Here's a small part:
The paradox is that some people only seem to like you once you become mean. A good case in point is the groups of German journalists, politicians and lecturers who are brought to Israel by their government and after having met a wide range of Israeli leaders and experts, come to Maale Adumim to meet settler Judah Ben-Yosef.Read the whole thing.
I began working for the German government (occasionally) about four years ago. I had no illusions that after two weeks of careful brain-washing by Arab spokesmen and far worse the Israeli Left wing, my two hours wouldn’t go a long way towards changing many minds. I am a chess player, so I defined for myself what I considered to be three realistic, realizable goals:
To physically show them the size of a 40,000 man strong city. I hoped this would go some way to denting the stereotype of the two tents, a goat and a flag Jewish settlement.
To demonstrate that historically Maale Adumim has never been part of any kind of Palestinian or Arab state, that nobody besides us and a few 13th century monks have ever lived here and that geographically there are plenty of other barren mountaintops.
To demonstrate that we are not all religious Right-wing fanatics (like me) but that the population of Maale Adumim contains a cross-section of Israeli citizens Religious, Secular and others; new immigrants and old-timers, Right, Center and even some Left-wingers.
My main objective is to try to dent stereotypes. I believe that when an intelligent person realizes that many of the stereotypes he’s been sold are incorrect, he or she may begin to question them all. This might lead to researching the subject more thoroughly, which in turn even affect some change in opinions.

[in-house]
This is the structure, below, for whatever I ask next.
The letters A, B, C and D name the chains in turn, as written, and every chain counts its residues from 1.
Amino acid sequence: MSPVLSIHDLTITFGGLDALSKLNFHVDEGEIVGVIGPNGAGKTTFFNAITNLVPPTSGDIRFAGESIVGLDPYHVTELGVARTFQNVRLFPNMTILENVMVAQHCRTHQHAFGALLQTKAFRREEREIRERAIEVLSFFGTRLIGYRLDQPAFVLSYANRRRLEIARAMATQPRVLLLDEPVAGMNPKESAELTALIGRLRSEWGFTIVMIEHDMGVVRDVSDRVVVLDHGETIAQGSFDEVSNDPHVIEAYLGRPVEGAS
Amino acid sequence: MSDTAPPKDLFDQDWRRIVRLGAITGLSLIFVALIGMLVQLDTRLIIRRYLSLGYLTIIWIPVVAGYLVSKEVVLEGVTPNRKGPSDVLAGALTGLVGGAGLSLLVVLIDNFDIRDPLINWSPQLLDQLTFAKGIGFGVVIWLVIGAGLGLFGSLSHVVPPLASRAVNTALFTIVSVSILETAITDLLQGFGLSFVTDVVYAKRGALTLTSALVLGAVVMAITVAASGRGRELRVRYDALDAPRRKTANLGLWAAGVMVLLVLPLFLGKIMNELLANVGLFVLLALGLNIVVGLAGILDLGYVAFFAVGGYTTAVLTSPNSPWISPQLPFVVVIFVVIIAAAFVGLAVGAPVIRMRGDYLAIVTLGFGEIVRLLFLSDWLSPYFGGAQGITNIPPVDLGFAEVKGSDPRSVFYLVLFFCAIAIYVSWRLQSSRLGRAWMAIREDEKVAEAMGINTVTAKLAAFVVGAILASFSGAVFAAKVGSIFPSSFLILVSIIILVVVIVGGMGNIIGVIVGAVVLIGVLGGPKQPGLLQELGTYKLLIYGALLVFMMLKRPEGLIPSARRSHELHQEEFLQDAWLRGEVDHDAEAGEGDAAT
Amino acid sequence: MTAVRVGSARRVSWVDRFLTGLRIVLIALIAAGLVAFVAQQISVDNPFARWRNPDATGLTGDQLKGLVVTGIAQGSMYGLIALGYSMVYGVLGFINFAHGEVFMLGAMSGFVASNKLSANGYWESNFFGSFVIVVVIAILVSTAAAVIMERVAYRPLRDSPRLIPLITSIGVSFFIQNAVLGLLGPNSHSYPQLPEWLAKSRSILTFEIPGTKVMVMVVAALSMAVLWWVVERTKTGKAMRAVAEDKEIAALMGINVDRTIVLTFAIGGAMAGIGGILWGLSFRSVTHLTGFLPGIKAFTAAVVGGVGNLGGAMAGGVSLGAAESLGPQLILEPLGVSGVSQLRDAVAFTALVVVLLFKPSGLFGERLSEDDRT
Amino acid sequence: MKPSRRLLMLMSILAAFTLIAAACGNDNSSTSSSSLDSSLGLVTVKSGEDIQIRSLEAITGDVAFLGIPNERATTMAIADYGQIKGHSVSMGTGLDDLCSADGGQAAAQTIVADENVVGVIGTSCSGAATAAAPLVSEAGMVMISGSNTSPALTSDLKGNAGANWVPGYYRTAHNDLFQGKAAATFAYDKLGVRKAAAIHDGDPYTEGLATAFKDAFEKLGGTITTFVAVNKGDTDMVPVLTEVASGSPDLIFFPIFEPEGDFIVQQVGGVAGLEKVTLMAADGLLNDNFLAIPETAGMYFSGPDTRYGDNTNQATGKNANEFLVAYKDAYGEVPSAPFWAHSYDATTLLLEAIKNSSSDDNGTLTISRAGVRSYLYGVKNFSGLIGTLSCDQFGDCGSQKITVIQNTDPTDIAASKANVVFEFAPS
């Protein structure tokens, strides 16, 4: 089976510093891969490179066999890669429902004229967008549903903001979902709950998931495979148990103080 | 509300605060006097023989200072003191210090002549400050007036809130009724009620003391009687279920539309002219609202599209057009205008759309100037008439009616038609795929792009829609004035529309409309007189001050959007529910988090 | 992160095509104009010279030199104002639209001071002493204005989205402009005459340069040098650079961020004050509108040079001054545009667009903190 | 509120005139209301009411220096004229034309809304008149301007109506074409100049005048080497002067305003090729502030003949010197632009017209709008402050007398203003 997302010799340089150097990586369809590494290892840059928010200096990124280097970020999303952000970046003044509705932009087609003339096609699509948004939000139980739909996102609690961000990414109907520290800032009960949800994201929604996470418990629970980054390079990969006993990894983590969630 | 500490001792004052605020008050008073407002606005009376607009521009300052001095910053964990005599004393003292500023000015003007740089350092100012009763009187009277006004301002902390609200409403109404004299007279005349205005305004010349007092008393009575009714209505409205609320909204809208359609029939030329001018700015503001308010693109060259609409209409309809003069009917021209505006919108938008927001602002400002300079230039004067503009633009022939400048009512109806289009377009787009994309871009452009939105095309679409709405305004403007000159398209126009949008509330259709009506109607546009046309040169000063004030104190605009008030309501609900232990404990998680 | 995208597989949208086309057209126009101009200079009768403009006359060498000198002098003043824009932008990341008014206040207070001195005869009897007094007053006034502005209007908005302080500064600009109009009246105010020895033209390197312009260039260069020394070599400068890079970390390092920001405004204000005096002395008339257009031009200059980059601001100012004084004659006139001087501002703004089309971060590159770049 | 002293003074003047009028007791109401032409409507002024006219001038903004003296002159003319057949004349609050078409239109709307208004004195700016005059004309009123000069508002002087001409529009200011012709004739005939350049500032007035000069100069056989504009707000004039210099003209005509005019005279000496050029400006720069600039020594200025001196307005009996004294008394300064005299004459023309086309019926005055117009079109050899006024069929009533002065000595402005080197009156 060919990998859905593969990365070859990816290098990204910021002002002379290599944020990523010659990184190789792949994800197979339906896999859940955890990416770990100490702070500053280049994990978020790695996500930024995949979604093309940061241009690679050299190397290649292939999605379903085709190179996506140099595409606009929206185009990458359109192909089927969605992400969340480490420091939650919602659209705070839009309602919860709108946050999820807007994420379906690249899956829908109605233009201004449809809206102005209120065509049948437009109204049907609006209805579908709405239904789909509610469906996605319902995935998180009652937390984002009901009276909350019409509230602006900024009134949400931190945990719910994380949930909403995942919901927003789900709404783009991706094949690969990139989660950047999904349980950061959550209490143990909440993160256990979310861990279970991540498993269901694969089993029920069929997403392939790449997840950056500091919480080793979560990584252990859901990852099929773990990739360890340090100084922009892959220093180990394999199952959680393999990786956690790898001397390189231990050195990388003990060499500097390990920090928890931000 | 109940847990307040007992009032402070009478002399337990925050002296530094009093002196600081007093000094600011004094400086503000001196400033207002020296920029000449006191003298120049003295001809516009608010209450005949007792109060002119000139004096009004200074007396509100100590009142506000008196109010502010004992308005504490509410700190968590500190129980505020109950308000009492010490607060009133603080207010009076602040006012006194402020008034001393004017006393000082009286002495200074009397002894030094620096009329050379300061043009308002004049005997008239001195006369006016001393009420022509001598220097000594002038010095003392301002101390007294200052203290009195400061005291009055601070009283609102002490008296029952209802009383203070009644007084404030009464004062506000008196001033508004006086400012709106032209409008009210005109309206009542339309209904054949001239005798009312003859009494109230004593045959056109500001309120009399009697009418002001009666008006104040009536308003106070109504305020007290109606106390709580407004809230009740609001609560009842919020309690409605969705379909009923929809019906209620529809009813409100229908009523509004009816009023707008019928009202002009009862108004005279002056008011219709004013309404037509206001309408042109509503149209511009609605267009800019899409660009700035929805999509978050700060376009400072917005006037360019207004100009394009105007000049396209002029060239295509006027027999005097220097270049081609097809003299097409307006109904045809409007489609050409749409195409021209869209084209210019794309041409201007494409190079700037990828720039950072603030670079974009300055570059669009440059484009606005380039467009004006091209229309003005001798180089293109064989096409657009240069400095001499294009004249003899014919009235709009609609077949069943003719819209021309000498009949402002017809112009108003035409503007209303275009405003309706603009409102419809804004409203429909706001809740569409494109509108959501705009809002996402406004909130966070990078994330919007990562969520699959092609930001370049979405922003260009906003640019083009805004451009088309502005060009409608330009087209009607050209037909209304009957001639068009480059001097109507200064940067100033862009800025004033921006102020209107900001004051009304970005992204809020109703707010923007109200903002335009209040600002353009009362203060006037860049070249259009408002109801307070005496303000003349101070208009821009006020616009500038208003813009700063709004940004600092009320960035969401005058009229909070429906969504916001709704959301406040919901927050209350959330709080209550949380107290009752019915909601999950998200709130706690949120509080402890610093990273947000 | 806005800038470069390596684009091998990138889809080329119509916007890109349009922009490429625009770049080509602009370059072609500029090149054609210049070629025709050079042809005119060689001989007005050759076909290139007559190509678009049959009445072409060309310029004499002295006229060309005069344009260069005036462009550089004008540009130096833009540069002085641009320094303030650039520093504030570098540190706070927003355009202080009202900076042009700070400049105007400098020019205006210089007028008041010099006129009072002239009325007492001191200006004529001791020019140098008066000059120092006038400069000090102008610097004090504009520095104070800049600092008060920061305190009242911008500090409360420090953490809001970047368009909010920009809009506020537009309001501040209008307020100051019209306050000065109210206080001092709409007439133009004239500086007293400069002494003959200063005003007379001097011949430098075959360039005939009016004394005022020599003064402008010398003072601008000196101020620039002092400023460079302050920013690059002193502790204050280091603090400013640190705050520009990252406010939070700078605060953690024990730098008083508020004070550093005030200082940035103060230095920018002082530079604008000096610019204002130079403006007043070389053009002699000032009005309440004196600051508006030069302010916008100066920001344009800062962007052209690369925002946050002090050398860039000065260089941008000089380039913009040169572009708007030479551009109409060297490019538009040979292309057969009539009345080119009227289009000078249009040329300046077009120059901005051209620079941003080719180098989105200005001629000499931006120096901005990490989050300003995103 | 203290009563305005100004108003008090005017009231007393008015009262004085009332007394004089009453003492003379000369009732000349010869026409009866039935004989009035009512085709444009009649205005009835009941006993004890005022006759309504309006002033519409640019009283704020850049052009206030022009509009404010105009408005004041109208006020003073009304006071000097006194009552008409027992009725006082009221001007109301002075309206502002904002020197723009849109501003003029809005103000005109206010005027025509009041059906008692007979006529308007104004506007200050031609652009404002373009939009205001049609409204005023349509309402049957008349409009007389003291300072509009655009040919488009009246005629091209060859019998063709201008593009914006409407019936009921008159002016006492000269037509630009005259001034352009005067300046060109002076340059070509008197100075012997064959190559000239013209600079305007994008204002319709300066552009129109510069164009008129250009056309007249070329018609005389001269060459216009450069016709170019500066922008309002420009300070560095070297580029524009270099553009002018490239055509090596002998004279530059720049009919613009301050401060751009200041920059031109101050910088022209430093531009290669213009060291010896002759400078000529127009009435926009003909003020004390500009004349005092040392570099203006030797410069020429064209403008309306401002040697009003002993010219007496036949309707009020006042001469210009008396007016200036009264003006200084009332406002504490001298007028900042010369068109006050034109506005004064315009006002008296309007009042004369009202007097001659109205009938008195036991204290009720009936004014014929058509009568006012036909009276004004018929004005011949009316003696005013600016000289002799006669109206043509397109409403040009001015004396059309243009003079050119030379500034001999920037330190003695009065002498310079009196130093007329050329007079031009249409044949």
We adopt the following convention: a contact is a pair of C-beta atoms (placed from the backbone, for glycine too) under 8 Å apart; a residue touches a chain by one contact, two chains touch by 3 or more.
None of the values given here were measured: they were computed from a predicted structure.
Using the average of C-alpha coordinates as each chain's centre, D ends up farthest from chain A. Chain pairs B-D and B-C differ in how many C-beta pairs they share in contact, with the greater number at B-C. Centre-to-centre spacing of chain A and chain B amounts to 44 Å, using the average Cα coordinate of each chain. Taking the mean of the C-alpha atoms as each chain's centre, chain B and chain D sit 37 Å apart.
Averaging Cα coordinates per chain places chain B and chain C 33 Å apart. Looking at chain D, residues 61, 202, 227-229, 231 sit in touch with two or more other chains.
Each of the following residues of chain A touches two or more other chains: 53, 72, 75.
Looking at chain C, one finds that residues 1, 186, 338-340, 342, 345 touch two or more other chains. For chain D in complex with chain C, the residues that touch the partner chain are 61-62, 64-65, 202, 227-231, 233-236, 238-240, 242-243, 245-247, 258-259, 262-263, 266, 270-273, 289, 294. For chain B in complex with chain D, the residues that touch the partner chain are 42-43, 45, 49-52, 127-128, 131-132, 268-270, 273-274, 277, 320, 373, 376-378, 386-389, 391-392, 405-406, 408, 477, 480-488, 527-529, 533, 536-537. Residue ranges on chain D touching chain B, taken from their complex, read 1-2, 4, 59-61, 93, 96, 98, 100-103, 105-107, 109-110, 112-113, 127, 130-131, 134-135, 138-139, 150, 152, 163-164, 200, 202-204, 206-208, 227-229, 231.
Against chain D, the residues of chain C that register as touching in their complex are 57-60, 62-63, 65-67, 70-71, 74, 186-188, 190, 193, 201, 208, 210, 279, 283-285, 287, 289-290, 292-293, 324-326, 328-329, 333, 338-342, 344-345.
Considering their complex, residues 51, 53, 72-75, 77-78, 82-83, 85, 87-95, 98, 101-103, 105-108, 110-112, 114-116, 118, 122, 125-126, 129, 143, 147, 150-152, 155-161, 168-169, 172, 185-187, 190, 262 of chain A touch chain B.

In many ways it’s the first few minutes that will determine to what extent the tour influences each person. They all look out the windows and see a picturesque, peaceful, modern, well-run Western city. This sight is invariably the exact antithesis of everything they’ve been taught to expect. When stereotyping clashes with reality there is an immediate state of shock, or even crises. In very broad terms one can talk about three characteristic responses:
Some choose to look in the directions of the surrounding mountains rather than at the city. They will henceforth prefer to focus on the “bigger picture” having understood that they know precious little about the “details”
There are those who honestly seem to believe that Maale Adumim is some kind of clever scam that the Israeli government is running to trick visitors like themselves. “Everything here looks fine, but what about the real settlers? Why aren’t you all carrying guns? Is that a Bible?”
Occasionally I come across intellectually honest individuals who absorb what they are being told and ask questions not to try to catch me out, but because they really want to know. Surprisingly, two groups that stand out in this category are journalists from former East Germany and a group of German, Moslem journalists and lecturers.